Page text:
Later in life she exhibited regularly at the Royal Scottish Academy and Society of Scottish Artists. Her mother was a still-life painter, her grandfather Samuel Wood was a sculptor, and her great-uncle Thomas Peploe Wood was a painter, so an affection for art clearly ran deep in the family.
As we notice from the title of Wood's last book Yours sincerely for Scotland: the autobiography of a patriot (1970) her energy was spent in the direction of nationalism, and we quote the ODNB:
Wood stood twice for election for Edinburgh town council in 1935 and at the Glasgow Bridgeton by-election in 1946, where she gained 14 per cent of the vote. She was arrested and detained in the 1930s for disrupting a blackshirt rally, and was twice in prison...[She had worked against Scottish support of the English war effort against the Nazis.]: in 1951, when she was found guilty of inciting the crowd in Trafalgar Square on the day of a Scotland v. England football match, and for non-payment of national insurance as a protest against the state of women's prisons. That same year she showed a side of her policy of direct action not likely to appeal to either the British government or the Scottish National Party by speaking at an old IRA rally in co. Kildare, where 'her speech ... was given with such sincerity and earnestness that it evoked a storm of applause from ... hundreds of IRA veterans'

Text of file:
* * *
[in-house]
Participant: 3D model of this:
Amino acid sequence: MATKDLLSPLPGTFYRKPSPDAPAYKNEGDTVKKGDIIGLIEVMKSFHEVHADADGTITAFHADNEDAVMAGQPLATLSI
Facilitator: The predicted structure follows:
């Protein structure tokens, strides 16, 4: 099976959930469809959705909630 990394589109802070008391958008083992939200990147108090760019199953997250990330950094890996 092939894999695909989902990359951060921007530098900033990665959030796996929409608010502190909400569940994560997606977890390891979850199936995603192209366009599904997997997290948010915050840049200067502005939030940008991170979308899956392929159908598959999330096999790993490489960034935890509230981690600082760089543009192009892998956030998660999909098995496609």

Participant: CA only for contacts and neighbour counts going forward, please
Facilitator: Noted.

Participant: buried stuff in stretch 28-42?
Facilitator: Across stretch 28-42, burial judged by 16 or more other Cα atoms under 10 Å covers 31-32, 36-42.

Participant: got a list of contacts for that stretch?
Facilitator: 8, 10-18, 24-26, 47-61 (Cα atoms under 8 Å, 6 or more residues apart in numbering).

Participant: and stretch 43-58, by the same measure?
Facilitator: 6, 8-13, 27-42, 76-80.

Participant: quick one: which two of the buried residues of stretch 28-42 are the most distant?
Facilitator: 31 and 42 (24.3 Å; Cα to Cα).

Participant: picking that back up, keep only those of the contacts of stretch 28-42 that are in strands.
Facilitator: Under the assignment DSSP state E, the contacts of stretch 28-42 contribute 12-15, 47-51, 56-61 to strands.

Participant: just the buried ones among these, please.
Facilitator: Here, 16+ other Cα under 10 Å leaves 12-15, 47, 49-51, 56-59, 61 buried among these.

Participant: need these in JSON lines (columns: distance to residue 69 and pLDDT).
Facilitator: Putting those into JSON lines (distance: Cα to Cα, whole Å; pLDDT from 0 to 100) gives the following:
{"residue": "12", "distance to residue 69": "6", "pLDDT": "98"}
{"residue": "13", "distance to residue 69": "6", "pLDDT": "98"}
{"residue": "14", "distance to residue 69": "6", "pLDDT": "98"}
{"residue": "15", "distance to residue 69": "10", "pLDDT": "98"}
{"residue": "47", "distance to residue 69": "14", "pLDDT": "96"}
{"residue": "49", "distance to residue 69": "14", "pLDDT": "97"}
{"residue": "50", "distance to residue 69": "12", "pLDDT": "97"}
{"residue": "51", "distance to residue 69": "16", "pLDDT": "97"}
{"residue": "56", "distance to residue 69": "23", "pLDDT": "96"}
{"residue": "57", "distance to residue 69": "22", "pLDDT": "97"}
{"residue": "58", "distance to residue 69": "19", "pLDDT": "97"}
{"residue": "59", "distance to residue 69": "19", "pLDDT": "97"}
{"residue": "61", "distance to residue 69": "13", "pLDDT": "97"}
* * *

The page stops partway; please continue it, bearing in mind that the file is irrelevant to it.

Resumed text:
[In her elder years] She placed a union flag under the staircarpet of her Georgian villa in Howard Place so that she could tread on it every day: towards the end of her life she gave fragments of the flag away as trophies to her younger supporters. She also grew a cutting in the garden from the rose at Fassifern in Lochaber said to be the very one from which Prince Charles had taken his white rose badge in 1745. In her later years she appeared increasingly interested in Jacobitism, and along with her supporters entertained the claims of 'Prince' Michael, a Belgian citizen, to be the 'direct and lawful heir' of the Stuarts. Wood herself always supported direct action and civil disobedience...
She recalls her childhood in Yours sincerely for Scotland:
Our house ...was always full of interesting people, because my parents were urgently intererested in all the arts. But I met Rudyard Kipling, on my own, at the age of seven. I was hunting for my lost cat when he spoke to me.
And the last word goes to her Oxford Dictionary of National Biography biography:
"Her liking for folklore no doubt had some connection to her reputed gift of second sight......"
Wendy Wood though more artistic, and less lethal, was Scotland's Maude Gonne.